Washington Matters


McCain's Hispanic Hopes Tied to Immigration


Can John McCain take back some of the Hispanic vote for the GOP?  Maybe, but it'll be tough sledding and with mediocre results at best.

 

Conventional wisdom has it that Democrats have a huge advantage with Hispanics, who flirted with Republicans in 2004, but moved back into the Democratic camp when Republicans came on so strong in the immigration debate, blasting plans to let illegal immigrants pay fines and back taxes, undergo a background check and go to the back of the line for the proposed guest worker program. GOP conservatives said that was amnesty, plain and simple and they were against it. Many Hispanics viewed their opposition as thinly-disguised racism and moved to the Democrats, who were far more lenient in their approach. Democrats wanted a comprehensive plan that tightened borders and punished employers who hired illegal immigrants, but insisted it was unrealistic to try to deport 12 million people.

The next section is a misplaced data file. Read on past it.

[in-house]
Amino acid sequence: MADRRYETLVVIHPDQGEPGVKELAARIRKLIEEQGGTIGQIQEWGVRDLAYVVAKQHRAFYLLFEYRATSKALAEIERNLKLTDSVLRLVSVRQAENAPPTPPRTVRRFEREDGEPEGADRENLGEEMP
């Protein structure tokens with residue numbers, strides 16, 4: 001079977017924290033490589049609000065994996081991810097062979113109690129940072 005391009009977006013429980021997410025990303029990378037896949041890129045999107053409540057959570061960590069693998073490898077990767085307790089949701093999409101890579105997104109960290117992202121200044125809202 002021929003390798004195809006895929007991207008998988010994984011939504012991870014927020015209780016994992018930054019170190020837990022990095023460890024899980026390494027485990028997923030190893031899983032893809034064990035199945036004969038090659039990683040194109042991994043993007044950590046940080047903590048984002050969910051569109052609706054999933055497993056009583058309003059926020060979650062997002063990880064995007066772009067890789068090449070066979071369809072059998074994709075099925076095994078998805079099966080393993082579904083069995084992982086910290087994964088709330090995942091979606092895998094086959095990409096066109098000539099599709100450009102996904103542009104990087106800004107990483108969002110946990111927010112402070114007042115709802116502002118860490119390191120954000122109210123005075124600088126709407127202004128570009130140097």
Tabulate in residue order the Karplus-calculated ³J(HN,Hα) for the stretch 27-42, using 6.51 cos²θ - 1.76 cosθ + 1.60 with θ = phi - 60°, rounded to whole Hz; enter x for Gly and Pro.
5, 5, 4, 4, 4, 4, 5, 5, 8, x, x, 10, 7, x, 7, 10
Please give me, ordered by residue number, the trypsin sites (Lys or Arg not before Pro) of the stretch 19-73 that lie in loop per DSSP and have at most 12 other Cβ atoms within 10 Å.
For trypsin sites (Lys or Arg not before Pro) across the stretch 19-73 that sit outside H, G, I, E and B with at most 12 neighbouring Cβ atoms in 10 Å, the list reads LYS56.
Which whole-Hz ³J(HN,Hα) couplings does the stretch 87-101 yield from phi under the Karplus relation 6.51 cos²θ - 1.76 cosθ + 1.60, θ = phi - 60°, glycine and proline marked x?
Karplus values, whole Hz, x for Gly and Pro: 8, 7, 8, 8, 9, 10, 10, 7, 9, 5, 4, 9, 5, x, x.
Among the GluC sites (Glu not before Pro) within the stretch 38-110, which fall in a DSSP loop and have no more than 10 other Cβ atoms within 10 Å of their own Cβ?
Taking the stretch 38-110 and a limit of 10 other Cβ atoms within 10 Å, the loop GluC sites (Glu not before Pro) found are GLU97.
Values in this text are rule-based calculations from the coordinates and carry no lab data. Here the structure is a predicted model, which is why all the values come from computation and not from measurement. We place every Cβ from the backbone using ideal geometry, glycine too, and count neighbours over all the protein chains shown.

McCain agreed and cosponsored a comprehensive immigration bill with Sen. Ted Kennedy. The bill was defeated, McCain was vilified and it almost killed his presidential ambitions. To appease GOP conservatives, McCain has since backed off, acknowledging that Americans want border control first and refusing to say whether he would vote today for the bill he sponsored a year ago. That has softened conservative criticism, but there's still a lot of distrust on all sides.

 

McCain has a good history with Hispanic voters, who overwhelmingly backed his Senate campaigns in Arizona. And many Hispanics still believe that in his heart of hearts, he favors a moderate approach. That gives Republicans a chance to win back some Hispanics, who make up over 10% of eligible voters in several key swing states -- including California, New Mexico, Florida, Colorado and Nevada.

 

But McCain will have to walk a narrow tightrope this fall -- being careful not to upset GOP conservatives while reaching out to Hispanics. Count on Democrats to put him on the spot as much as possible.

 

Barack Obama also has to court Hispanics, who so far have favored Hillary Clinton in the primaries. Should he be the nominee, Obama may look for a Hispanic running mate. New Mexico Gov. Bill Richardson is the most prominent, and he would also add strong foreign policy experience, shoring up one of Obama's perceived weaknesses.

 




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